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Julian Alden-Salter
2005-03-02, 04:11
Hi,
This is the stuff I found on audio synthesis' website...

Following input selection two PLLs are used to extract and purify the word
clock. An electrically and mechanically isolated crystal oscillator forms
part of a sophisticated second order PLL, tightly bandpass filtering the
recovered clock before applying it to the digital filter and DACs. A third
digital loop is used to isolate jitter generated in the digital filter - all
DAC loading and sample & hold timing is derived from this third digital PLL.

Inputs are reclocked on multiple occasions before reaching the DAC itself.
Low frequency jitter is the most difficult to eliminate so the three PLLs
have been carefully optimised to boast a sub 1Hz jitter cut off frequency
With the aid of multiple PLLs and intelligent muting we have made locking to
jitter-ridden or off frequency transports routine, whilst maintaining
automatic silent crystal locking for higher quality sources.

From here: http://www.audiosynthesis.co.uk/dax_decade.htm

So much phlogiston to me though.

I've actually upgraded recently to the decade from a dax-2 from the same
company - this previous dac also exhibited similar behaviour with mp3 /
pcm/flacs.

I take on board the buffer stuff phil mentioned but I don't get stuttering
and can't see how an intermittent buffer underrun would cause the dac to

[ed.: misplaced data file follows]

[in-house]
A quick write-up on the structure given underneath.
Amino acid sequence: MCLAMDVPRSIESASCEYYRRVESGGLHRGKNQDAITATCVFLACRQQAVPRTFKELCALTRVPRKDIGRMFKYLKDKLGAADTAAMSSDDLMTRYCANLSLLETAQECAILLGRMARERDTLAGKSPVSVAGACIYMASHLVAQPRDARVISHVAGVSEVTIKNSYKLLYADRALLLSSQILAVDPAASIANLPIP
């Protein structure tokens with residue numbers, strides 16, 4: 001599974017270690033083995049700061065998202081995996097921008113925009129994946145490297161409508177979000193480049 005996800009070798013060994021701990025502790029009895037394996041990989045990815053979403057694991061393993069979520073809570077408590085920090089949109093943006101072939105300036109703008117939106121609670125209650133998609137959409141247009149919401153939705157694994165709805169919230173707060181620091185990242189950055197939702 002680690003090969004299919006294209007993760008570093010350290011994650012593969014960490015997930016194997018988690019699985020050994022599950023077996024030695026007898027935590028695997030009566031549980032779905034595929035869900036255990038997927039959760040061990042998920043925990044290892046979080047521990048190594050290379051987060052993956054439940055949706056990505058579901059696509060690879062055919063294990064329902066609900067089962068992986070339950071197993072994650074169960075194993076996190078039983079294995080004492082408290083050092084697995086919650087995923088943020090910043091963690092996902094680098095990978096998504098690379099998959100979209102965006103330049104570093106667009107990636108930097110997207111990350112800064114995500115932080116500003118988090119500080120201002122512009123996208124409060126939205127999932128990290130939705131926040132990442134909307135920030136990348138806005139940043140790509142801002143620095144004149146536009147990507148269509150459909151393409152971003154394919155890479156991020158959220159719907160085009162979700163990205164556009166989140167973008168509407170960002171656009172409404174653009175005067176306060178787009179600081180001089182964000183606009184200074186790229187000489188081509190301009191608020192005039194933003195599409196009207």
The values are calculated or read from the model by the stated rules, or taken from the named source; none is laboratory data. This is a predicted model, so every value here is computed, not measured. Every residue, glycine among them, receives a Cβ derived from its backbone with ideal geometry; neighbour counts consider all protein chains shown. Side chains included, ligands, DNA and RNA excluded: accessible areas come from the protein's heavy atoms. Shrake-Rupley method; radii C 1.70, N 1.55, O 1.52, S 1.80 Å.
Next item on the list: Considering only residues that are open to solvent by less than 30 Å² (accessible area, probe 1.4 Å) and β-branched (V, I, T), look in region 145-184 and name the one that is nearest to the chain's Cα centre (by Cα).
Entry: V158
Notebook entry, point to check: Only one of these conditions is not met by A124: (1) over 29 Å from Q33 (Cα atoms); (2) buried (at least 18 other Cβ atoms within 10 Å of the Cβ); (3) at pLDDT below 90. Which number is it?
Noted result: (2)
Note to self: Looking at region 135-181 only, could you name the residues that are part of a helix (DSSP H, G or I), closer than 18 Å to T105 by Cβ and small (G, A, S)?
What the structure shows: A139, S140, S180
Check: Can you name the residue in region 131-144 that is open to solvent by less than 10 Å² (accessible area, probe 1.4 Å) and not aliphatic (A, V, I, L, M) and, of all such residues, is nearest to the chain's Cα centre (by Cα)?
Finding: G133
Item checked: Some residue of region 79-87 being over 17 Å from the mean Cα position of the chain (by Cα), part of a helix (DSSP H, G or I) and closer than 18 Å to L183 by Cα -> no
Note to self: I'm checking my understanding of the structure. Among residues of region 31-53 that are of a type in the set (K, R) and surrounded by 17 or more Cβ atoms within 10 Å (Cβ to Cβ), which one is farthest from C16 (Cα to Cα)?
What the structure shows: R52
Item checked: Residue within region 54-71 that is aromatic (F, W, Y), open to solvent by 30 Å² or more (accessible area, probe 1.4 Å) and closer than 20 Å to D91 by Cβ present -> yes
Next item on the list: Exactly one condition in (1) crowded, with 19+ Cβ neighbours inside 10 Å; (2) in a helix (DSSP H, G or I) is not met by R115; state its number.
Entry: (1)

fail to xlock (crystal lock from above).

Cheers


Julian.



-----Original Message-----
From: Sean Adams [mailto:sadams (AT) slimdevices (DOT) com]
Sent: 02 March 2005 05:09
To: Slim Devices Discussion
Subject: [slim] Modifying squeezebox clock


On Mar 1, 2005, at 8:08 PM, Phil Karn wrote:

> Julian Alden-Salter wrote:
>
>> 1) The fact that my dac locks on with different qualities of lock
>> when mp3
>> and flacs are played back. Suggesting that there is indeed some
>> difference
>> in the spdif data stream between the two formats.
>>

There is a "just for your information" bit for clock precision in the
s/pdif channel status data - that may be what it is. If so, it has
nothing to do with actual clock precision, it's just a bit that says "I
think I'm a high precision clock" or not. I'm not sure what we send
for this bit but I could check it on my analyzer - at any rate, it does
not affect functionality/performance in any way.

Does your receiver (maybe in the instruction manual) say exactly what
it's reporting?